And how this kind of malware could impact you.


You might call it The Return of The Return of Shamoon.

Shamoon is a file-killing malware attack that reportedly wiped out more than 30,000 computers in Saudi Arabia in 2012.

It came back in November 2016, earning the name Shamoon 2.

And now researchers have discovered, there is a second wave of Shamoon 2 trying to inflict damage on the Middle Eastern country. 

This new version could be even worse.

“What is really worrisome about this is it’s just outright destructive. It isn’t really trying to steal anything,” said Andrew Plato, CEO of Anitian Enterprise Security. “It’s the closest thing we’re going to get to a cyber bomb.”

Could it happen in the U.S.? It’s possible, though rare, experts say. 

Still, you might feel the impact if this “cyber bomb” went off somewhere else.


Riyadh, Saudi Arabia. Shamoon attackers have targeted this country three times, according to researchers. Photo credit: Wajahat Mahmood via / CC BY-SA


New wave

The first wave of Shamoon 2 hit on November 17, targeting Saudi government agencies like the General Authority of Civil Aviation, Bloomberg reported.

The second wave focused on another date—November 29—and apparently a different target, according to Robert Falcone, threat intelligence analyst at Unit 42 of Palo Alto Networks.

Still, he said, it looks like the same cyber crooks in action.

“The similarities in both waves of attacks are highly suggestive indicators of being the same threat actors,” Falcone said to Archer News.

They both use “Disttrack” malware, wiping out data in a destructive way, replacing key files with images of a Syrian toddler who died at sea, his research showed. They both set a “kill time” for an hour or day when few employees would be at their desks.

But the new Shamoon 2 attackers may have wanted to twist the knife a little deeper. 


Airport in Dammam, Saudi Arabia in 2010. The first wave of Shamoon 2 attacked the government agency that handles the country’s airports. Photo credit: yosoynuts via / CC BY-ND


“Major development”

The new Shamoon 2 can also attack a VDI, or Virtual Desktop Infrastructure, Falcone said.

The VDI takes snapshots of your system so you can restore it if malware destroys it, according to Falcone.

“VDI solutions can provide some protection against a destructive malware like Disttrack through the ability to load snapshots of wiped systems,” he wrote in a post about his research.

Attack the VDI system, and you could do major damage.

“In essence, a manual destructive attack against the VDI deployment and snapshots, coupled with the destructive attack by the malware, could destroy an organization’s systems and primary line of backup against such an attack,” Falcone said.

The new Shamoon 2 attackers included credentials—logins and passwords—for VDIs, a possible attempt to get to the victim’s’ backups, he noted.

“If true, this is a major development and organizations should consider adding additional safeguards in protecting the credentials related to their VDI deployment,” Falcone wrote in his post.


“Operating System not found”—what you might see on your screen after the Shamoon 2 malware destroys your computer. Image credit: Palo Alto Networks


“They’re everywhere”

How common are VDIs? 

Very, according to Plato.

“A VDI is a virtual desk top environment,” he said. “The reason we care about it is because they’re everywhere.”

You probably don’t have one at home, but you may use one at work. It’s usually a more secure arrangement, Plato said.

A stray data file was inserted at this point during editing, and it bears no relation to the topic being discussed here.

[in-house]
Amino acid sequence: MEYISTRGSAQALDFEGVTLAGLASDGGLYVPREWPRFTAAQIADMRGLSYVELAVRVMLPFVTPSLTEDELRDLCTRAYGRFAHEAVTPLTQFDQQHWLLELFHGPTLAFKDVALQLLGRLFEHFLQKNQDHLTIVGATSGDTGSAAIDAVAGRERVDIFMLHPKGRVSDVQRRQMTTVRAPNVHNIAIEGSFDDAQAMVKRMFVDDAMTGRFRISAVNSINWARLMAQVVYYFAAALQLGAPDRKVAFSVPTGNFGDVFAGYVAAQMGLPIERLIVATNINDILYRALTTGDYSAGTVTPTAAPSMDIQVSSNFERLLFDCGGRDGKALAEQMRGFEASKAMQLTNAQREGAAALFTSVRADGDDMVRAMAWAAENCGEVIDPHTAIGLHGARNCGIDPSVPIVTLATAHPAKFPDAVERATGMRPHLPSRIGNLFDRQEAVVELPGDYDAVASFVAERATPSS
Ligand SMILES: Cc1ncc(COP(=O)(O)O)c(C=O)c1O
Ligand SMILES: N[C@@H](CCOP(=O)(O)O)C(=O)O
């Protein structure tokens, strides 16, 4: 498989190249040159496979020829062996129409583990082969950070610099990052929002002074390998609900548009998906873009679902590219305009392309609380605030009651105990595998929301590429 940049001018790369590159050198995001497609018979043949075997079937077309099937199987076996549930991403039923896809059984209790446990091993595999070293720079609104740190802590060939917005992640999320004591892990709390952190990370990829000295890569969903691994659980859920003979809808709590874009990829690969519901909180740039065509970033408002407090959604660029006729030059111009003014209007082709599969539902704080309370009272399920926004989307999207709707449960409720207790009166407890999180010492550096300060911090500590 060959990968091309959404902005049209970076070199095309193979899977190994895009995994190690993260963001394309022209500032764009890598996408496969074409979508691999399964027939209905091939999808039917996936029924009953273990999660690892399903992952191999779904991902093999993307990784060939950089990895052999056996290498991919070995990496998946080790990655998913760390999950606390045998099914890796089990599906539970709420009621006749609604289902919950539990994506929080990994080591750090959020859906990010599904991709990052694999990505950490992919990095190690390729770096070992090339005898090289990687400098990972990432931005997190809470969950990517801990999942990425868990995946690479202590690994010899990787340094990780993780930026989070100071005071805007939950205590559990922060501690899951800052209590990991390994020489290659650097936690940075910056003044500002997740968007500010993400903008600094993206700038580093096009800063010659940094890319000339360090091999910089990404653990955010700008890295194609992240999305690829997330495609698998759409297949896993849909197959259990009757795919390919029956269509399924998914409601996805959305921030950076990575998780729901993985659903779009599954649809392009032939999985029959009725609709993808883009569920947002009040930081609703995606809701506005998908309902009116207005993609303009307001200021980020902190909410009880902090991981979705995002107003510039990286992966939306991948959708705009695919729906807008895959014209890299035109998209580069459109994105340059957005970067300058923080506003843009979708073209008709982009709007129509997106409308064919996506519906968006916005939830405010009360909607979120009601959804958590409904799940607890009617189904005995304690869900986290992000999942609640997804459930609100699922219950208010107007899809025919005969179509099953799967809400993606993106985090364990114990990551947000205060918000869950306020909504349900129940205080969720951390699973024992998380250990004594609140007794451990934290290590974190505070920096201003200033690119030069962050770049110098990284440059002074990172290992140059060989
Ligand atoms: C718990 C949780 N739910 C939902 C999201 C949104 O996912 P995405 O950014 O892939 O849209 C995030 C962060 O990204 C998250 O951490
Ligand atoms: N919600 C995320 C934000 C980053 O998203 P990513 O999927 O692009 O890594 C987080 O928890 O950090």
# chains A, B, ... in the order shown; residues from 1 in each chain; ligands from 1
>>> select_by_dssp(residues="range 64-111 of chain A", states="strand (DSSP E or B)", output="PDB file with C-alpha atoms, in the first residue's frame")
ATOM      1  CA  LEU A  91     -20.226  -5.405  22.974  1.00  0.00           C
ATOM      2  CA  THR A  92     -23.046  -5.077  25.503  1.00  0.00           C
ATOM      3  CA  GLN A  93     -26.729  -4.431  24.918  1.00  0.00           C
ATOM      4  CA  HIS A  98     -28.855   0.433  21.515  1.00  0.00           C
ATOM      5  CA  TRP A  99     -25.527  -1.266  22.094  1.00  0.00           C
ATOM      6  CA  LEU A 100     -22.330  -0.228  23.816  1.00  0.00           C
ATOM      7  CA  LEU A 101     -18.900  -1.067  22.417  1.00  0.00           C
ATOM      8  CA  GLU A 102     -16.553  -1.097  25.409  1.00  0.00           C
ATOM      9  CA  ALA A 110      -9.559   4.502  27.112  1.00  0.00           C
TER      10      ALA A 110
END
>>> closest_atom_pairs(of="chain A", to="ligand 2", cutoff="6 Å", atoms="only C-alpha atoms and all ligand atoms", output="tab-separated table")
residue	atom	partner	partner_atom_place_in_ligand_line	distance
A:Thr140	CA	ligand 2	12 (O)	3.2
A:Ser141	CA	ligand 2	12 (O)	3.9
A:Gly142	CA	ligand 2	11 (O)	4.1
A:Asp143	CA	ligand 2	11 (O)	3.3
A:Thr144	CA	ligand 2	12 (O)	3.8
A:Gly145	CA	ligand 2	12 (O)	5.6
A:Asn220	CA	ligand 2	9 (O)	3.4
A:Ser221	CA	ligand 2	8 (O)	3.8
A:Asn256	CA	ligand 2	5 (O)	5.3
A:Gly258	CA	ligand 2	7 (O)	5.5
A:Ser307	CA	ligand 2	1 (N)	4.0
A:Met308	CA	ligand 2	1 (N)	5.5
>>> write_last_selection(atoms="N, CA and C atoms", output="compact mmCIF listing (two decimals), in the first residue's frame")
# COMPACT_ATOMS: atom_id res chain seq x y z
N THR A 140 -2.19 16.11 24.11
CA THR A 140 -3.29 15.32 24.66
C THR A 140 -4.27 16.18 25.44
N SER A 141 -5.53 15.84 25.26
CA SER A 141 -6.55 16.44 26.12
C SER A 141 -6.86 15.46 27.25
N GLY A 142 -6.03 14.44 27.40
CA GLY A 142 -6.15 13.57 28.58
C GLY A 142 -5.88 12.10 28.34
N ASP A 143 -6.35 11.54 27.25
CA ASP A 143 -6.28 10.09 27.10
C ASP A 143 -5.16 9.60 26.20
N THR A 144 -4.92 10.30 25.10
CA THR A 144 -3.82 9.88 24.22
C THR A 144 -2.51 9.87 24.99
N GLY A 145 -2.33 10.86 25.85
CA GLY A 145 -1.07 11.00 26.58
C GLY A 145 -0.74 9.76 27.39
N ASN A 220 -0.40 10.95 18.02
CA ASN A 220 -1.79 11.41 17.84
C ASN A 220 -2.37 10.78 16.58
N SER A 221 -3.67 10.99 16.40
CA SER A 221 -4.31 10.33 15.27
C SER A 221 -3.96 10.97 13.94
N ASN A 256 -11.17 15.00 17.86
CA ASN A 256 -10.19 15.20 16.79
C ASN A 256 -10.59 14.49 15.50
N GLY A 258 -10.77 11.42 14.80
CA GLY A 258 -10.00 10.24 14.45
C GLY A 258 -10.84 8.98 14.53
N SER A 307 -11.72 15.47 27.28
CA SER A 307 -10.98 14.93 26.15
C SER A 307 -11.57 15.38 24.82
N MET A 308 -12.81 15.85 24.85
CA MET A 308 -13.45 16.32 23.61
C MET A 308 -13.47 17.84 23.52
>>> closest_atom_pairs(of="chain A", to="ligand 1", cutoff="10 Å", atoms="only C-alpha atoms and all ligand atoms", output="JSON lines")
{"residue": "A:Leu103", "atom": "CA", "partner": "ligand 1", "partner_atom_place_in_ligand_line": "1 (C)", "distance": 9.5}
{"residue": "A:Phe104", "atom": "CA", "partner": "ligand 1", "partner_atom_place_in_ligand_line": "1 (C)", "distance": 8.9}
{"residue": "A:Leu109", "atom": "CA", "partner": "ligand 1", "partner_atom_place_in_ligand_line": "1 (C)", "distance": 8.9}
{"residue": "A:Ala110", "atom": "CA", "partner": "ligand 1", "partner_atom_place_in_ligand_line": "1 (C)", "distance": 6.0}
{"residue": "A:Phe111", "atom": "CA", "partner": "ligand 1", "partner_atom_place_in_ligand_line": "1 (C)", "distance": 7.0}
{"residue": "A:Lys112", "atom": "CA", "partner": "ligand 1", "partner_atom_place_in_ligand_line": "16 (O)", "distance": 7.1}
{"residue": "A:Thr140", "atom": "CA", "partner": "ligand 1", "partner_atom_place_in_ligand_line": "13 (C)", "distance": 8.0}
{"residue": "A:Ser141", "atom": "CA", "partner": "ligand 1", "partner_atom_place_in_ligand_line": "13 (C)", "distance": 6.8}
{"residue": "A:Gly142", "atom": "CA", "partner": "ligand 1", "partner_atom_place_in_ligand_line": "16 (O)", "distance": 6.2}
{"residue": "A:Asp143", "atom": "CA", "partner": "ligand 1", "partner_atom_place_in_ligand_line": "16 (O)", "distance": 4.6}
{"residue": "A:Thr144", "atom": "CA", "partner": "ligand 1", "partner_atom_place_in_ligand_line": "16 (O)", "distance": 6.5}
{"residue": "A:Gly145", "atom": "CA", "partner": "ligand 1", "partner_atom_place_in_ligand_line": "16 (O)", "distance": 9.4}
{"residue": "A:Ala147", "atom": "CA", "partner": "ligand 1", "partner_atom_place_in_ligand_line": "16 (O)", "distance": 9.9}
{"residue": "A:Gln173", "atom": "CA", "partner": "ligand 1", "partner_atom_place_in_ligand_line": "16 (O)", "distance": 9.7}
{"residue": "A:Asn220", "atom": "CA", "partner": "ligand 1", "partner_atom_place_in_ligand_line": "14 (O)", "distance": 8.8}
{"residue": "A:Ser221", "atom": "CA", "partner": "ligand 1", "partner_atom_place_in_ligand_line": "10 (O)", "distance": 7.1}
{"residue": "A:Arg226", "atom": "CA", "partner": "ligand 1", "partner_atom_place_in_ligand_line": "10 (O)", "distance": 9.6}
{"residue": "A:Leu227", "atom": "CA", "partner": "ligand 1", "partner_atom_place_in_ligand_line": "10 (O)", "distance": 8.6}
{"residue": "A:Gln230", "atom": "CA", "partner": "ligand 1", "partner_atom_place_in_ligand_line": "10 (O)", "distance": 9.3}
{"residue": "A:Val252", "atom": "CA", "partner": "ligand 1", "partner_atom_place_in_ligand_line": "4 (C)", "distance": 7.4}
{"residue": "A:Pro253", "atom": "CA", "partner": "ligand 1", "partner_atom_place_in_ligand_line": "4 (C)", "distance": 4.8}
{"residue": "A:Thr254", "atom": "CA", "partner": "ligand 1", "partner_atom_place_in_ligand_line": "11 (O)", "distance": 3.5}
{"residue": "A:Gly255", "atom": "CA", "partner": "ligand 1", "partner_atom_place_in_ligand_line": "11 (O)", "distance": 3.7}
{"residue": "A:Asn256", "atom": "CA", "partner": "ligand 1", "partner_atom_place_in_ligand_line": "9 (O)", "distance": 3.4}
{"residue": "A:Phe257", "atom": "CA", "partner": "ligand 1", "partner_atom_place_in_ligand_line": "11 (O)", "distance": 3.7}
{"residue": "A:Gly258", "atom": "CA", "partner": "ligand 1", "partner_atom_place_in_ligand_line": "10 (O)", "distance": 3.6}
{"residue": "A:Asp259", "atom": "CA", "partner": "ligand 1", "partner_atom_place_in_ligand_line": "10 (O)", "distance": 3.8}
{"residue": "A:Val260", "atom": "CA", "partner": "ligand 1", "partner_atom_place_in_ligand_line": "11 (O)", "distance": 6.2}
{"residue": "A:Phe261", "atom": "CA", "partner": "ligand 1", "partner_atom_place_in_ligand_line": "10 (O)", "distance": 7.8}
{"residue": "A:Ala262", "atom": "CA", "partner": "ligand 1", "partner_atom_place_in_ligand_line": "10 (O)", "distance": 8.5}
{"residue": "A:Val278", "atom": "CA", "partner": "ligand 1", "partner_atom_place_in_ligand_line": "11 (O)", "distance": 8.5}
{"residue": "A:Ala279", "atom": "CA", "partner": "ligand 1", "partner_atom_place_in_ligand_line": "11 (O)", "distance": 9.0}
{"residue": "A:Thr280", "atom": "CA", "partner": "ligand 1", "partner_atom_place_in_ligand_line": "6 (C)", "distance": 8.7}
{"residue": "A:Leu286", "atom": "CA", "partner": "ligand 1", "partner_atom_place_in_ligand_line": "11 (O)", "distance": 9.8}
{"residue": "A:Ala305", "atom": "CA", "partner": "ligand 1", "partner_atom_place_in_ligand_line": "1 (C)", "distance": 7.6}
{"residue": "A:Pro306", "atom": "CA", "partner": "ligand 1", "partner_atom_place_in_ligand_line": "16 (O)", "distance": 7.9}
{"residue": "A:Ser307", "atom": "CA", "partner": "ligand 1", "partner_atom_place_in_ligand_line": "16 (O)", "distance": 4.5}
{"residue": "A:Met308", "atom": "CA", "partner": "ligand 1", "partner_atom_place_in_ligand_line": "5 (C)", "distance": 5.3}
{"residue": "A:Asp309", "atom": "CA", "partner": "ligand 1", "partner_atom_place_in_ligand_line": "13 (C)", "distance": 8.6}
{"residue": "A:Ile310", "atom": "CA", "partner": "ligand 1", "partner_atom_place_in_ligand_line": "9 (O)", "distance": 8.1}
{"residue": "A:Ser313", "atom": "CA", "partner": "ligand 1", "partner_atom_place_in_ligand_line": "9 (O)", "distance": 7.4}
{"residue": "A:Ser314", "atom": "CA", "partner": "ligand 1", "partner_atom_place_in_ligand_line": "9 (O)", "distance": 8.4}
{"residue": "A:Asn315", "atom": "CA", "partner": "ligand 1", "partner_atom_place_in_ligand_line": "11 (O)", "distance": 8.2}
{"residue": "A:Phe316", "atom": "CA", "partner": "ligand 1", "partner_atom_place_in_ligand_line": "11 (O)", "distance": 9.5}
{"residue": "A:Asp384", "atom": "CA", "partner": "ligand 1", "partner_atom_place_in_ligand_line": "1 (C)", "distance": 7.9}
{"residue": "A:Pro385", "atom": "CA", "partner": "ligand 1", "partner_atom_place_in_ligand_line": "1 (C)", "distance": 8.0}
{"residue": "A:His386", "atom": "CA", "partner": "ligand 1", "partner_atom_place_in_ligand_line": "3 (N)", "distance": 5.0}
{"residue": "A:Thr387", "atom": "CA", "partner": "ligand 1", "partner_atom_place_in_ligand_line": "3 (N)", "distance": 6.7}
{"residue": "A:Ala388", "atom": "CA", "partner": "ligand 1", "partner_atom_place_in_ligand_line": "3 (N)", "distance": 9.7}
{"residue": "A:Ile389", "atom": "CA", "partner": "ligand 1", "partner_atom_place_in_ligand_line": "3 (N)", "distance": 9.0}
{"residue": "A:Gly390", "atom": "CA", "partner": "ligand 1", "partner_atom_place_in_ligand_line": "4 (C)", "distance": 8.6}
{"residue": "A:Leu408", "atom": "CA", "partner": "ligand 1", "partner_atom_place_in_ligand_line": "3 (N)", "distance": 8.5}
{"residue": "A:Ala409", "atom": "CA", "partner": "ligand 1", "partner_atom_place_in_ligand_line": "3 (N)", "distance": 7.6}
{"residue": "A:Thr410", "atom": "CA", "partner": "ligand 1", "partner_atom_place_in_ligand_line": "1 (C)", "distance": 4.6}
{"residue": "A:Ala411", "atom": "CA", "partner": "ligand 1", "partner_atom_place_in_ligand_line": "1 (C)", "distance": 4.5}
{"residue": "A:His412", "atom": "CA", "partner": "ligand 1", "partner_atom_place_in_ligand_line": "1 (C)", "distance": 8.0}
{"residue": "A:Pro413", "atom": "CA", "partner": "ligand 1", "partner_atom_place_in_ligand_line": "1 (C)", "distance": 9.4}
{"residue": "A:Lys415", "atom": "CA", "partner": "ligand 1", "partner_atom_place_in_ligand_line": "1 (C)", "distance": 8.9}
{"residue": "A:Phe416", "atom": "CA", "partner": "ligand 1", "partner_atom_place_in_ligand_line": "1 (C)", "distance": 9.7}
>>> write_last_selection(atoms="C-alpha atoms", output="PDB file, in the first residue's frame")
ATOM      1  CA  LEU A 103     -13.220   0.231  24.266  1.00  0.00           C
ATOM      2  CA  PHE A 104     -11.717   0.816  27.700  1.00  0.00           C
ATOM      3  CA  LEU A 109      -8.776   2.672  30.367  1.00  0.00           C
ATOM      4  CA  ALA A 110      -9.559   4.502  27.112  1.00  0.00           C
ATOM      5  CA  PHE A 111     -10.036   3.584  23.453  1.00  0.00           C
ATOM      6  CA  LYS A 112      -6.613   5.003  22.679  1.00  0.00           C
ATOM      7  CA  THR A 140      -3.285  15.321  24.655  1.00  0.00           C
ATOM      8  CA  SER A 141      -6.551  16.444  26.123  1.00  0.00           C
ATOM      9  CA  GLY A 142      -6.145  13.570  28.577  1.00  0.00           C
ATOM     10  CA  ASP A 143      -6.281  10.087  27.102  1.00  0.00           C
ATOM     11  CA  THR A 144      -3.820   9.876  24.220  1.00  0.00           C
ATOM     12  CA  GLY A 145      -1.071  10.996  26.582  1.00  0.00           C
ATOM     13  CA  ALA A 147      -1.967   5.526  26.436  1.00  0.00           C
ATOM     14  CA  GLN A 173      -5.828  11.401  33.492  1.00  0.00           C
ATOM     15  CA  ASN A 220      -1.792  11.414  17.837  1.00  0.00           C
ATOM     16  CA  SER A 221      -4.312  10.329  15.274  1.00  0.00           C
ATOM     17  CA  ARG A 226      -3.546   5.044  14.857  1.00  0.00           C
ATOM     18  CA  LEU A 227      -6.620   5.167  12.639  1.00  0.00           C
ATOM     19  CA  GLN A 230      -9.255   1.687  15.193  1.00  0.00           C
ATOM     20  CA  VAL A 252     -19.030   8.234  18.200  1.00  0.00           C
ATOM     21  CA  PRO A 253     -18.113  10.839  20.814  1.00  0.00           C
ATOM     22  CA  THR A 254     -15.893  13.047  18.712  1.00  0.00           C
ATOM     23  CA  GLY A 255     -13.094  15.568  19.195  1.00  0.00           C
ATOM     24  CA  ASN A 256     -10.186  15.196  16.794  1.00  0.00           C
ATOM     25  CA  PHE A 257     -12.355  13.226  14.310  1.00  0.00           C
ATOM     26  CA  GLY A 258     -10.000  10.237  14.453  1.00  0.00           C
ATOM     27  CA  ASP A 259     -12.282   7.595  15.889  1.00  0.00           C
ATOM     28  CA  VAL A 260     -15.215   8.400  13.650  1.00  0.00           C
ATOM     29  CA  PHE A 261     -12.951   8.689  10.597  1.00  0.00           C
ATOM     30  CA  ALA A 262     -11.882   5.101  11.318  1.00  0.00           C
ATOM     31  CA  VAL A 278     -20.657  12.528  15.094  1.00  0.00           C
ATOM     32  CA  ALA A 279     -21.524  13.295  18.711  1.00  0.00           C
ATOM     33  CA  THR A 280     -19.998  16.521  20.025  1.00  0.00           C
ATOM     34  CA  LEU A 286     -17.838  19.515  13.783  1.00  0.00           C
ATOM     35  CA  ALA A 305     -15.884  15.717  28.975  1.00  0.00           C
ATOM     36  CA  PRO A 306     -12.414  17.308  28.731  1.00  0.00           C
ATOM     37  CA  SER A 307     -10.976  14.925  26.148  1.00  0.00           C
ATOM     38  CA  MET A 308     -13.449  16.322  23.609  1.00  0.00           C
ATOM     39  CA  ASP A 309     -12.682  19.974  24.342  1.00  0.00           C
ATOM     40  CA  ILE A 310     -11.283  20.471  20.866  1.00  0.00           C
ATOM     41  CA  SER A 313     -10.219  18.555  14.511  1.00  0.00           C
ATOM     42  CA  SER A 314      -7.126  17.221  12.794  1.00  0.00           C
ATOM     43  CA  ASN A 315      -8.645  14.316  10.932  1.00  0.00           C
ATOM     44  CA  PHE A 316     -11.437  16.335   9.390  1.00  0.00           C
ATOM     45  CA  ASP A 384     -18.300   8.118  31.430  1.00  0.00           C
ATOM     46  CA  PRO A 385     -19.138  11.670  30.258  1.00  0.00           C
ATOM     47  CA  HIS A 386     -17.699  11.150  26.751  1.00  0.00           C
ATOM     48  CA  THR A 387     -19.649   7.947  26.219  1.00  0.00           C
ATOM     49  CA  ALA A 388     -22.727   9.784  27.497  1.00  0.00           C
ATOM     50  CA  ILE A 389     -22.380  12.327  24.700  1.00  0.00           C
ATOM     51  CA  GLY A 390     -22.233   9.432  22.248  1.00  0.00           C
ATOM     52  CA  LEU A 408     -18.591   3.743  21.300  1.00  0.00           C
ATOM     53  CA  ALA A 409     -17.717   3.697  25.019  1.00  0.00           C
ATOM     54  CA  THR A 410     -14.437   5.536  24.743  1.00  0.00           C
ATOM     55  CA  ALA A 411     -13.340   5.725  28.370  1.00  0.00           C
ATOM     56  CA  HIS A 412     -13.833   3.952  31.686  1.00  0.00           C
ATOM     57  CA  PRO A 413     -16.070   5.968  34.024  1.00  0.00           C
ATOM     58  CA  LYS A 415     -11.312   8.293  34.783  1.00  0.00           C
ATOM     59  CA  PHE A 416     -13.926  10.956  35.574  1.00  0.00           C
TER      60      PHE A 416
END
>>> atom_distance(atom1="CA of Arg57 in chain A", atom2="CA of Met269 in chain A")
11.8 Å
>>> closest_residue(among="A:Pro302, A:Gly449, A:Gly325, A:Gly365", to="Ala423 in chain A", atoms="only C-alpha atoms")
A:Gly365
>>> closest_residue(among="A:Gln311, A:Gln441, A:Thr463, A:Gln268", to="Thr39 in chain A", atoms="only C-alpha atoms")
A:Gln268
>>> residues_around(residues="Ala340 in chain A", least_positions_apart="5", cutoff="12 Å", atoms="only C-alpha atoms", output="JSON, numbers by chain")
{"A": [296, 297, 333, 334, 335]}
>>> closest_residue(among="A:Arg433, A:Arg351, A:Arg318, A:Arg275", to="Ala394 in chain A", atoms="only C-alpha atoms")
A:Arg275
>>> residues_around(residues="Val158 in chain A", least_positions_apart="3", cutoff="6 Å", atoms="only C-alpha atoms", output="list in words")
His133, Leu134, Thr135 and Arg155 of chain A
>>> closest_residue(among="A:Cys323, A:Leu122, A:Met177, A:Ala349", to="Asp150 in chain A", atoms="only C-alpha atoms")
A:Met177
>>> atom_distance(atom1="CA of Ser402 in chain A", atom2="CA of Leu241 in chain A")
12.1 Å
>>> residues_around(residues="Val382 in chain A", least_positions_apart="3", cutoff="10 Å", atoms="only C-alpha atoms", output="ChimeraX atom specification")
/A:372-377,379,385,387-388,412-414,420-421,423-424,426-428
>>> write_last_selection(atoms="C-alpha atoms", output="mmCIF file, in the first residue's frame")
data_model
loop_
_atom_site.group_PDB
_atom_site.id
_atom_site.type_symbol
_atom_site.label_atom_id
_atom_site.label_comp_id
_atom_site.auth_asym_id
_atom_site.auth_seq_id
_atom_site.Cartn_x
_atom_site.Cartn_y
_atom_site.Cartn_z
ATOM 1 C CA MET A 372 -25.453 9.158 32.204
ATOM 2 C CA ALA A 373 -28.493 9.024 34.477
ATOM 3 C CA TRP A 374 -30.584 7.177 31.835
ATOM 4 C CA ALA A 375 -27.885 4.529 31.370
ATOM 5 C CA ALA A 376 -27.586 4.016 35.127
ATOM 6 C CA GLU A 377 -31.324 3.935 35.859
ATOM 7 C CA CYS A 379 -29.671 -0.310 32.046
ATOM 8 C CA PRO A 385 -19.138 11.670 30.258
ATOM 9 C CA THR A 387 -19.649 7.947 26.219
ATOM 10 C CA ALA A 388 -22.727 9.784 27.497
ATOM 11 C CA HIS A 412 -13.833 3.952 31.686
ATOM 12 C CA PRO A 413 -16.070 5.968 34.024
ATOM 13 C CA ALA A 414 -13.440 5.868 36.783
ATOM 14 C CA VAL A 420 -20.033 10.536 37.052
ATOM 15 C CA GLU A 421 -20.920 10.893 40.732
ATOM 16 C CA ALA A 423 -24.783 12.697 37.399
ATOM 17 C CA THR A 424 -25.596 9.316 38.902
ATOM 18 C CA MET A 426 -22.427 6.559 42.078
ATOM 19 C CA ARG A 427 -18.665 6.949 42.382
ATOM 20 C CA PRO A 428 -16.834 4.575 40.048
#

“When you get a to corporate environment, a computer is not actually a computer. It’s kind of a dumb terminal and it runs a virtual desktop,” he said.

Stores and call centers use them, too.

“You go to a store. They’ve got a cash register there, a lot of times, at a virtual desktop,” he explained. “It’s not a full computer. It’s running an image, a virtual image, that’s downloaded from a server somewhere.”


Retail stores may use VDIs at their checkout counters. Photo credit: Random Retail via / CC BY



The new Shamoon 2 malware appeared to target VDIs from Huawei, a Chinese technology and networking company, according to the research.

That could be good news for people in the U.S., Plato said, because Huawei VDIs are not as common in the West.

“The chance of it having a huge impact here in the U.S. is probably a little smaller,” he said.

Still, the malware could be retrofitted for other VDIs, Plato suggested, or it could hit businesses in the east that you depend on for help, like call centers.

“When you call that call center and you can’t seem to get through to them,” Plato gave as an example. “Most likely what’s going on is all the employees that work there, their computers aren’t working. So, that’s where you would see the impact.”


Call center in Egypt in 2009. Call center employees may use VDIs at their workstations. Photo credit: markhillary via / CC BY


“Escalation in tactics”

Earlier versions of file-killing malware did have an impact in the U.S.

Cyber attackers used the ‘wiperware’ to take out computers in hacks of Sony Pictures and the Las Vegas Sands Corp. in 2014.

Cybersecurity company FireEye recommended critical infrastructure organizations and government agencies check their systems after the first wave of Shamoon 2 in November.

For now, the new version of Shamoon 2 attacks may be limited to one organization in one country.

But others should take note, Falcone warned.

“The targeting of VDI solutions with legitimate, stolen or default credential represents an escalation in tactics that administrators should be aware of and take immediate steps to evaluate and address,” he wrote.


Featured image: Element of the new wave of Shamoon 2 malware. Image credit: Palo Alto Networks.